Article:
The first is the correlation of the SNP(s) in question with other SNPs that affect the outcome through a path other than via the condition or trait of interest (50). This correlation of variants, known as linkage disequilibrium, arises when particular variants tend to be inherited together (contrary to Mendel’s second law), generally because they are located in close physical proximity on the genome (51).

The second mechanism concerns variants that affect more than one phenotype. A SNP that affects BMI may also, for example, affect the risk of depression through a BMI–independent mechanism. IV analysis relating, for example, a set of BMI SNPs to cost outcomes would suffer from omitted variable bias in this case if depression independently affects both BMI and healthcare costs. This is sometimes known as horizontal pleiotropy (37). Pleiotropy (52, 53), the effect of a single SNP on multiple phenotypes (53, 54), may be pervasive throughout the human genome (55). There would be no bias in this analysis if depression was on the causal pathway between BMI and healthcare costs, a situation sometimes referred to as vertical pleiotropy (37) (37), or if the other phenotype did not affect the outcome of interest.

Finally, we note that Mendelian Randomization does not identify population average treatment effects. IV analysis identifies local average treatment effects if a monotonicity condition holds. Monotonicity requires that the direction of effect on the treatment from varying the level of the instrumental variable should be in the same direction for all individuals. When monotonicity is satisfied, IV analysis (including Mendelian Randomization) identifies a local average treatment effect; that is, an effect in those whose treatment would differ if the value of the IV differed.

### 2.2 Estimation

For a single SNP, the ratio (or Wald) estimator can be calculated as the ratio of the association of the outcome with the variant to the association of the treatment variable (BMI in this paper) with the SNPs. This gives the effect of the variant on the outcome, scaled by the effect to the SNPs on the treatment. This is equivalent to the two-stage least squares estimator for a single SNP. Using the terminology of Bowden et al (56), indexing individuals by *i* and denoting SNPs as G (indexed *j* from 1 up to *J*) these two relationships can be written as:

Without loss of generality, we ignore constants and exogenous omitted variables in Equations 1 and 2. The alpha term is the direct effect of variants on the outcome that do not operate through the BMI treatment variable. If the exclusion restriction holds then alpha will be zero, since valid instruments influence outcomes only through an effect on the treatment.

Note also that the two associations described in Equations 1 and 2 in the Wald estimator need not come from the same sample, in which case a two-sample IV estimator is used (57). A two-sample approach using summarized data may offer similar or better efficiency than a single sample study using individual-level data (58), particularly if larger sample sizes are available under a two-sample approach. In the two-sample setting, genetic variants should have similar effects in each population. One simple practical test for this in Mendelian Randomization is to examine similarity in terms of ethnic group and distributions of sex and age (48).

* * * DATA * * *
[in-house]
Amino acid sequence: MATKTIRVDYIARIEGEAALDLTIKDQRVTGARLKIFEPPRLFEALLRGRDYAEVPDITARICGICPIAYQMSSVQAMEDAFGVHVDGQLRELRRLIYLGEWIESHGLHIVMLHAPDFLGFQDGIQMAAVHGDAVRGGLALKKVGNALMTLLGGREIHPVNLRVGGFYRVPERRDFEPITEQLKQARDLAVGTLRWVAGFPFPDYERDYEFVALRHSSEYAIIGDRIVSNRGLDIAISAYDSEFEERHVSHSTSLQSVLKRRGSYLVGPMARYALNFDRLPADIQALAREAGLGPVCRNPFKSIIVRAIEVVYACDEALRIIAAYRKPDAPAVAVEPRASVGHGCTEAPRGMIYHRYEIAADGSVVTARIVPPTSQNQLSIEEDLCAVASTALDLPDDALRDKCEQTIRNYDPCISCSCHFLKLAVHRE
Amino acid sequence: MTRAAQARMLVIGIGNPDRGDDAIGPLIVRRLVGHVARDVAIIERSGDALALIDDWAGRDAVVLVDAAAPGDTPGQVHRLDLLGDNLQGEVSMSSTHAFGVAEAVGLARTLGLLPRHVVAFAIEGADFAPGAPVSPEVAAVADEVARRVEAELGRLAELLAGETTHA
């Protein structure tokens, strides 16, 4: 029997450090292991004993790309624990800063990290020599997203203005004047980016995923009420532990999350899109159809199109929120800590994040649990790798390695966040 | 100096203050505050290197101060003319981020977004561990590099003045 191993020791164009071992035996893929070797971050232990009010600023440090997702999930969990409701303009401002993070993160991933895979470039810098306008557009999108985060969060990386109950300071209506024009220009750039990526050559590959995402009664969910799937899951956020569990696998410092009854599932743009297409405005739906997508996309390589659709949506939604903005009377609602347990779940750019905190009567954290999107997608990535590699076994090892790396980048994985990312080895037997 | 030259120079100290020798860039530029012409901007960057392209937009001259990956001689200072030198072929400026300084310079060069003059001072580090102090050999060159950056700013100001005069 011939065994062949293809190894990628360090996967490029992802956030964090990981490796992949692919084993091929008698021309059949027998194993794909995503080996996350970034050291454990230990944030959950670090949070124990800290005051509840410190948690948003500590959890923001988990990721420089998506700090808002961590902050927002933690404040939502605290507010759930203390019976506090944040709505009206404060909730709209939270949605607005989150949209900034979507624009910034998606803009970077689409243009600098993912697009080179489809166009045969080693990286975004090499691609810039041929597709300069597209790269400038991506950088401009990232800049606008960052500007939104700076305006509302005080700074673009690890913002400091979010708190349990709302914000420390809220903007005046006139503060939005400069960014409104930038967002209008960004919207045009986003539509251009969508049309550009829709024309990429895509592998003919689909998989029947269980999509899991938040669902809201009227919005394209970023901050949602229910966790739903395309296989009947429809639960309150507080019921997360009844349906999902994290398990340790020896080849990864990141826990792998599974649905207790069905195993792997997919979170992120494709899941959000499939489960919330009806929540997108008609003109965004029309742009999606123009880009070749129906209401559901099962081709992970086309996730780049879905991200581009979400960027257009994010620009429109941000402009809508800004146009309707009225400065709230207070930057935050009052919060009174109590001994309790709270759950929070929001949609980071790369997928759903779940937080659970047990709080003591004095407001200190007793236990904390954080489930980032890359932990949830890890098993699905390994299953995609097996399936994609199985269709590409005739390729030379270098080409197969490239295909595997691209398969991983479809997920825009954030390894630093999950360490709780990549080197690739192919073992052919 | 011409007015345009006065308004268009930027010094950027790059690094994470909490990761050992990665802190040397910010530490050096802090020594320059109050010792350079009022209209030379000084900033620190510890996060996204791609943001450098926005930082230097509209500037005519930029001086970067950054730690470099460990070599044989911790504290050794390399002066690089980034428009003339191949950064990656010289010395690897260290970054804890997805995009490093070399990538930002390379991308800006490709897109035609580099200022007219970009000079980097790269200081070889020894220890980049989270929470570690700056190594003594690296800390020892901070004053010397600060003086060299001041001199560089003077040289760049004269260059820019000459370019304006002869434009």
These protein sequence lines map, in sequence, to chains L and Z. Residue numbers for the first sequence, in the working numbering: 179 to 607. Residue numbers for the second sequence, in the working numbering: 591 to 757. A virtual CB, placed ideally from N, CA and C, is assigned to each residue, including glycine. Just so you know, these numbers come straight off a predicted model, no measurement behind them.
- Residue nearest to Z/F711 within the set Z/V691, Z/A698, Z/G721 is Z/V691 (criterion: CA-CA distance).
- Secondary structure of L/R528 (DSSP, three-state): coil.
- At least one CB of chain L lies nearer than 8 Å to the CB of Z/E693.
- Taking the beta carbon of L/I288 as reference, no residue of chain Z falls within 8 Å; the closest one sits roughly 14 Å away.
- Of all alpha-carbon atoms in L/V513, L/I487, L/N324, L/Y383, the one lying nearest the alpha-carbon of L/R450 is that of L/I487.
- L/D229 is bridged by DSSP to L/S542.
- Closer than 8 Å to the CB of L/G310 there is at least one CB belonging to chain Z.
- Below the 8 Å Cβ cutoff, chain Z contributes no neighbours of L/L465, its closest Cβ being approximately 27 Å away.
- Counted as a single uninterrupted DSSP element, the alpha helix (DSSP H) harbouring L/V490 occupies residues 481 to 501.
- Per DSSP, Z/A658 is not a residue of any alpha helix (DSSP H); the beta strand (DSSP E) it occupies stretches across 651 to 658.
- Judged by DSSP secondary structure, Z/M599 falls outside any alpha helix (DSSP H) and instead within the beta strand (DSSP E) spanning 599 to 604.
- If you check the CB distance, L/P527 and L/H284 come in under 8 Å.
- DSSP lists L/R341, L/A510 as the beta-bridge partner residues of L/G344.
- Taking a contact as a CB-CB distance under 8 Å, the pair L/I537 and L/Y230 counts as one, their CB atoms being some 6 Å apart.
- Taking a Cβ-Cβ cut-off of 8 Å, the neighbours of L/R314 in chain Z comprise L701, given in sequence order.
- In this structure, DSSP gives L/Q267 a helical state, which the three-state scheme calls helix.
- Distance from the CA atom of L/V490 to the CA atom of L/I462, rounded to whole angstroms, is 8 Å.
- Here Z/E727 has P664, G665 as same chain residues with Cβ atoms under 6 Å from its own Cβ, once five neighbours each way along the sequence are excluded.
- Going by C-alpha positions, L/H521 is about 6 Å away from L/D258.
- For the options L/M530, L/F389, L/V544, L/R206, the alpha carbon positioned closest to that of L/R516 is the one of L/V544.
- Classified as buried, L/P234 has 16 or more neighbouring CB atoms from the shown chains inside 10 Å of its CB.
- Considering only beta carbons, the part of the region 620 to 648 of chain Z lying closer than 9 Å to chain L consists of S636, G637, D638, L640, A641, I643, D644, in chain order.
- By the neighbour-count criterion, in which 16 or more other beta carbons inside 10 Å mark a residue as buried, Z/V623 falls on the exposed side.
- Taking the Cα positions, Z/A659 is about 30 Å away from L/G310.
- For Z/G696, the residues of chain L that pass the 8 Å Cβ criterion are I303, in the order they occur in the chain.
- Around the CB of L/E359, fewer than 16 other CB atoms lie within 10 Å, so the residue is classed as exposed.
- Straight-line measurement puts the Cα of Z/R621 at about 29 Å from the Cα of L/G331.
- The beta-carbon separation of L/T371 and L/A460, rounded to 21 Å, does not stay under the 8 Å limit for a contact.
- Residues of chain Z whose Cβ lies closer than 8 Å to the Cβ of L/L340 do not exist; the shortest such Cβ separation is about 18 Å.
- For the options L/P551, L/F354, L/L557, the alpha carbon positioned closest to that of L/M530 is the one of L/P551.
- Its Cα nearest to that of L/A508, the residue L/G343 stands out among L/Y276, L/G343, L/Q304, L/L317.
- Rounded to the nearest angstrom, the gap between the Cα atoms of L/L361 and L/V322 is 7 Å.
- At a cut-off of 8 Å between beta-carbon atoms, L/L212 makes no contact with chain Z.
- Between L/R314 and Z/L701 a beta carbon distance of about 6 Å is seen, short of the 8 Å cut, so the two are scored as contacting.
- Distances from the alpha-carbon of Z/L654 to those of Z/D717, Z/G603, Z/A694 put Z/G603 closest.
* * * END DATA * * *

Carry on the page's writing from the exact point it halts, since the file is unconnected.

Rewriting equations (1) and (2) into the reduced form yields:

Where is the error term of the reduced form. The ratio estimate is ratio of the effect of the SNPs on the outcome, scaled by their effect on the treatment, which can be written (ignoring the error term) as:

The ratio estimates from each individual variant can be combined using weighted regression or equivalently inverse variance weighted (IVW) meta-analysis to produce an overall causal estimate (henceforth for simplicity we refer to this estimate as the IVW estimate – Equation 5).

This assumes that there no correlation between the Wald estimates for each SNP, which will hold if they are not in linkage disequilibrium.

Here, the terms are the variance of the error term in the outcome-SNP regression models; the small variance of the error term in the treatment-SNP regression is ignored (the no-measurement error assumption).

The estimates for each variant should converge toward the same causal parameter estimate if the exclusion restriction holds; put differently, there should be no more heterogeneity in the estimates for all parameters than would be expected by chance. This can be assessed using Cochran’s Q statistic (59, 60) in two-sample settings (this is closely related to Sargan’s over-identification test (61) in single sample settings), which follows a χ^{2} distribution with *J*-1 degrees of freedom:

Cochran’s Q can identify failure of the instrumental variable assumptions, but not whether this is due to one, some or all IVs being invalid. As such, it is a relatively crude “catch all” test of instrument validity.

### 2.3 Sensitivity analysis

A number of methods have been developed to accommodate violations of the exclusion restriction due to pleiotropy that is suggested by (but not necessarily unambiguously identified by) high heterogeneity as indicated by Cochran’s Q (62, 63). The following considers different methods for assessing possible violations of the exclusion restriction, in the spirit of Conley et al (64), in relaxing the assumption that the alpha parameter is exactly zero and in seeking methods to generate consistent estimates of the causal effect even if some or all of the IVs are invalid.

If pleiotropy (i.e. non-zero *α _{j}* terms) is present but small in magnitude then biases in any causal analysis will be modest. If

*α*is zero on average across all SNPs then the relationship is estimated with more noise and hence some loss of efficiency than if all

_{j}*α*values were zero, but the bias term will have zero mean on average even if some or all of the pleiotropic effects are large. In this case, the IVW estimator could be implemented using a random effects metaanalysis.